The water at Rincon’s famed point break, which exceeded bacterial pollution standards in 17 percent of weekly county tests last year, may be a little more enticing to surfers in the future as locals work to rid the beach of potentially harmful septic systems.

The State Water Resources Control Board approved a $425,600 grant May 18 to fund an environmental impact report for a sewer system in the Carpinteria area. The proposed system would replace septic tanks in Rincon, Sandyland, Sand Point, Pedro Lane and Beach Club Road.

“The majority of septic systems work quite well,” said John Miko, district general manager of the Carpinteria Sanitary District. “But when you get into an area with a high population, especially in beach communities, the water that is supposed to be absorbed by the septic system is actually seeping out and polluting the ocean.”

The Rincon area voted in August 2000 to create a sewer assessment district, but five homeowners filed a lawsuit against the CSD, charging that under California law an EIR must be conducted first.

“The sewer system could possibly have a negative effect, especially in the Chumash village in Rincon Point where there may be a lot of archeological artifacts,” Miko said. “The EIR should be completed in three to four months and finished, certified and reviewed by next year. It’s a long process.”

Steve Halsted, a member and former president of the Carpinteria Homeowners Board, said the Carpinteria community stands behind the switch to sewage systems.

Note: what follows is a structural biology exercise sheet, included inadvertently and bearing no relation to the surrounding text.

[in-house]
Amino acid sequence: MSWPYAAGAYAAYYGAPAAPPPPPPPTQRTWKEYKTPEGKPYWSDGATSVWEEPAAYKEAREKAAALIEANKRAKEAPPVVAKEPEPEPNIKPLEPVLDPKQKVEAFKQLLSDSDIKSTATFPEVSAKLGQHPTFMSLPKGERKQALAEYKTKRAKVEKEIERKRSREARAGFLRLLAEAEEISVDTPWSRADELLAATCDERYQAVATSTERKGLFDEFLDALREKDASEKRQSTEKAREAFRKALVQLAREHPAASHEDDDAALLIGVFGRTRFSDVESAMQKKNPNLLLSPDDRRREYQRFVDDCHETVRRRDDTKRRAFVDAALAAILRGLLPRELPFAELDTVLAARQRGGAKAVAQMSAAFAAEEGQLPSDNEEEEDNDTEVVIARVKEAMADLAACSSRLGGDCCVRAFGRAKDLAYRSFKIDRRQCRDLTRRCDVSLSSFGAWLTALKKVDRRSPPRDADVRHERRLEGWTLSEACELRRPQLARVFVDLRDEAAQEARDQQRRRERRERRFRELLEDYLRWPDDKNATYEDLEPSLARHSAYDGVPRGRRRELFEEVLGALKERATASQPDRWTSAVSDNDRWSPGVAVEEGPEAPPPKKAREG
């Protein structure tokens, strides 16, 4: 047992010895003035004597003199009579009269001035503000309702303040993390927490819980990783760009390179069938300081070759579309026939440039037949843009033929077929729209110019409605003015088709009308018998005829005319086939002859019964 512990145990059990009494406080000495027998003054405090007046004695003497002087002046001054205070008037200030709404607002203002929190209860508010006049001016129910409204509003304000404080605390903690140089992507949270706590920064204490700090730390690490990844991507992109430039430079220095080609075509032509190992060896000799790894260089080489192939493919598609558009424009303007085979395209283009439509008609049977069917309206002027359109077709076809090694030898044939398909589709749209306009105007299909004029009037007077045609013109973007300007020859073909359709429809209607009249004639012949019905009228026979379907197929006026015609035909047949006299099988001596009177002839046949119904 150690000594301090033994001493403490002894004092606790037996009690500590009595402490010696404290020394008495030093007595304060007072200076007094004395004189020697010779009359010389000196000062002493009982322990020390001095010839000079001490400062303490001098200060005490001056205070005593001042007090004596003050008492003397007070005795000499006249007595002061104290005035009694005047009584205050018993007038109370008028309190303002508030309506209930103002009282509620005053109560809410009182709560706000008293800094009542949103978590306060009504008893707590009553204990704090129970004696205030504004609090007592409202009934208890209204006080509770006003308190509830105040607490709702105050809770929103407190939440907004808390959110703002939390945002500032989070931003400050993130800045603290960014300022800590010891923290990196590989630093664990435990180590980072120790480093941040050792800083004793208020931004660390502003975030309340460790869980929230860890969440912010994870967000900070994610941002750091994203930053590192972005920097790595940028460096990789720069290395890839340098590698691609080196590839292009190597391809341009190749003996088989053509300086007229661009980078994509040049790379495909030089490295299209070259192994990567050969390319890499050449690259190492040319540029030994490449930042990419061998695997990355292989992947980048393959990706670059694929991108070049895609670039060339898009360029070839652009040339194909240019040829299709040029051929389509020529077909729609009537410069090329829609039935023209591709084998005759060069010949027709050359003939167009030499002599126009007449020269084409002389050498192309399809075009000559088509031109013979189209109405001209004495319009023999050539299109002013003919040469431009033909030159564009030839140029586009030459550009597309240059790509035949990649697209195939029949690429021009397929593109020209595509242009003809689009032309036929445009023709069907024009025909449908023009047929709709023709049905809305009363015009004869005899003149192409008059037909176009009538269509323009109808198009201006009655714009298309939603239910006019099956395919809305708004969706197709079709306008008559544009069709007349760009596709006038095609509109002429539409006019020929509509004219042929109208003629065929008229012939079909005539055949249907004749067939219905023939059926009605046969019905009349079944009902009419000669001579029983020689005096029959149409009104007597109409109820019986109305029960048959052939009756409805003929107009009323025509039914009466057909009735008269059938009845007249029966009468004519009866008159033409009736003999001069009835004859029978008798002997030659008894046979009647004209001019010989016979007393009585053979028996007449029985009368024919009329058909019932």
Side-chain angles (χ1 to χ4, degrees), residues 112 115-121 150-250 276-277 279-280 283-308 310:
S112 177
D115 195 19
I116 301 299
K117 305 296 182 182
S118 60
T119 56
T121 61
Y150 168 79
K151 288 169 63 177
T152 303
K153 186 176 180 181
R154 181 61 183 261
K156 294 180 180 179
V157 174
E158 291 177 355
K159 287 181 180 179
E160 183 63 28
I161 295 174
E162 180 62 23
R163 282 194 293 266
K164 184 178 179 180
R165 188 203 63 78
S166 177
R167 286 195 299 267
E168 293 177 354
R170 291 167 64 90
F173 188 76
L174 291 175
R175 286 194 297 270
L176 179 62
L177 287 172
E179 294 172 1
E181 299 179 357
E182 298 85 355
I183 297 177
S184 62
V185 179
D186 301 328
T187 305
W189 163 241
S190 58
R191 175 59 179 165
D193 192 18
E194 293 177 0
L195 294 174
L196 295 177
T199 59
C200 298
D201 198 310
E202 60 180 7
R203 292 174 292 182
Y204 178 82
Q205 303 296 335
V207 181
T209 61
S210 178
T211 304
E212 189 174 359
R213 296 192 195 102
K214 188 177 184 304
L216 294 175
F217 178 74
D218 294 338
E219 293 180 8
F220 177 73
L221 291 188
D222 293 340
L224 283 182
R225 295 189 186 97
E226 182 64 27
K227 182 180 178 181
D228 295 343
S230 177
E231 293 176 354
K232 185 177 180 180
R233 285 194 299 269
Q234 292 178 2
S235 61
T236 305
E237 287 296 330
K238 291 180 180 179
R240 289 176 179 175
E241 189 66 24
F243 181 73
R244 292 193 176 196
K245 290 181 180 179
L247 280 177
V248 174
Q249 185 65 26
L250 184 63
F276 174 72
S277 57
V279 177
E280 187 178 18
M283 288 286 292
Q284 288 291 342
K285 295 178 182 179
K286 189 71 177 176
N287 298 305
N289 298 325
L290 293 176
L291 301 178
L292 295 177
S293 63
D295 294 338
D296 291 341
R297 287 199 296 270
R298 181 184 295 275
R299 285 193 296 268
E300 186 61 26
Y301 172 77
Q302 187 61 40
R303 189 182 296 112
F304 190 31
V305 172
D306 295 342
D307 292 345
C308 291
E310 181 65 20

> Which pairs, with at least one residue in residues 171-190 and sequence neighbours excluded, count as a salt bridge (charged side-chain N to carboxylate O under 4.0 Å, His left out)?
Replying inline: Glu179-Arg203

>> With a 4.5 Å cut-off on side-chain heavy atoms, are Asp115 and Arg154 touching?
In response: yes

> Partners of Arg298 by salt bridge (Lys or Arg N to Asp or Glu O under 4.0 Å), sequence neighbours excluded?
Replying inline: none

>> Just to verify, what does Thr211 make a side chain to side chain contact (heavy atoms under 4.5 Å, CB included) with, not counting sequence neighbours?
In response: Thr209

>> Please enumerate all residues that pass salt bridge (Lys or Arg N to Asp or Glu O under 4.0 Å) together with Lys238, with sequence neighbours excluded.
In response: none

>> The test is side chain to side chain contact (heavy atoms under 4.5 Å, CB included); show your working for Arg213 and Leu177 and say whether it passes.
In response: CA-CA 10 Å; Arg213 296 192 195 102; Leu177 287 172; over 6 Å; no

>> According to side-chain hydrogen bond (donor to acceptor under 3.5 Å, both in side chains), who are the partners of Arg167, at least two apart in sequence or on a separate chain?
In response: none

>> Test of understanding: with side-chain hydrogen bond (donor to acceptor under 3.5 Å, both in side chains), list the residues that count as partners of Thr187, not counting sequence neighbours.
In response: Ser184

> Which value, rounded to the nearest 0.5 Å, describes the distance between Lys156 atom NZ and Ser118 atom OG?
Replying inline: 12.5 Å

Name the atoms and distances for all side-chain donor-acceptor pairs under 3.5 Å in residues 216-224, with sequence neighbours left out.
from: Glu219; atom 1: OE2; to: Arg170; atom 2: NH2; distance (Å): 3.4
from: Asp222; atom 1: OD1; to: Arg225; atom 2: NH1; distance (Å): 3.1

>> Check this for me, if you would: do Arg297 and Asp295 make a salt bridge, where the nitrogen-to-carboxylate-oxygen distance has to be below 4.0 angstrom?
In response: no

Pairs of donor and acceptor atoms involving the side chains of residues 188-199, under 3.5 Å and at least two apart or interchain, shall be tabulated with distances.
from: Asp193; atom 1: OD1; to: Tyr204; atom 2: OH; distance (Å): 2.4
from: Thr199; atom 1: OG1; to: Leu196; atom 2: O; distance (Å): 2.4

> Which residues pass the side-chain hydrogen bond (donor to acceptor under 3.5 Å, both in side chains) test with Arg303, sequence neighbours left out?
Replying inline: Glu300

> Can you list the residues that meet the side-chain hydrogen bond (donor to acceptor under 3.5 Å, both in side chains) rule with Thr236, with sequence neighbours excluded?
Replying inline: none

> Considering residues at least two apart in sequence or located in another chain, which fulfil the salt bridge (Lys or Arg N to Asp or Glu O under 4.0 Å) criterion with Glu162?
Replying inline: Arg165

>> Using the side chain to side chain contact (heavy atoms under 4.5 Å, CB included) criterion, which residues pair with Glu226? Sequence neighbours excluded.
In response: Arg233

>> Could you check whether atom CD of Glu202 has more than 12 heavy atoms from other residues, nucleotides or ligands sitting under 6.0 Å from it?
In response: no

“Myself and the majority of the community are delighted that this project is back on track. We had previously voted as a majority to go ahead, but the lack of funding for the EIR and a lawsuit that is now defeated were holding things up,” he said. “Now that we’ve got this grant, we can take this major step for the coastline.”

Santa Barbara-based environmental group Heal the Ocean and local homeowners collaborated with the CSD to secure funds for the EIR. The grant comes from Proposition 13, which sets money aside for clean-water programs.

Hillary Hauser, executive director of Heal the Ocean, said the money will bring attention to other areas polluted by septic tanks on the South Coast.

“[The area to be studied] represents seven miles of county coastline that could soon be swept clean of badly located septic systems,” Hauser wrote in a statement. “And it opens the door to the work we need to do in other problematic areas of the county where there are septic leachfield failures.”

Miko said other South Coast communities are expected to follow Carpinteria’s example in switching from septic systems to sewer systems.

“Santa Barbara has been approached about making the switch, but things are going slowly it seems. If we succeed in Carpinteria then this could be the beginning of a major push up the coast – a ripple effect,” he said.

Senior environmental studies major and Surfrider Foundation member Ken Pereira said local surfers will benefit from this decision.

“There are a lot of areas where people from Santa Barbara go surfing, namely Rincon, that are using septic tanks and allowing septic sewage to leak into the ocean,” he said. “It is great that they are going to try to make a change.”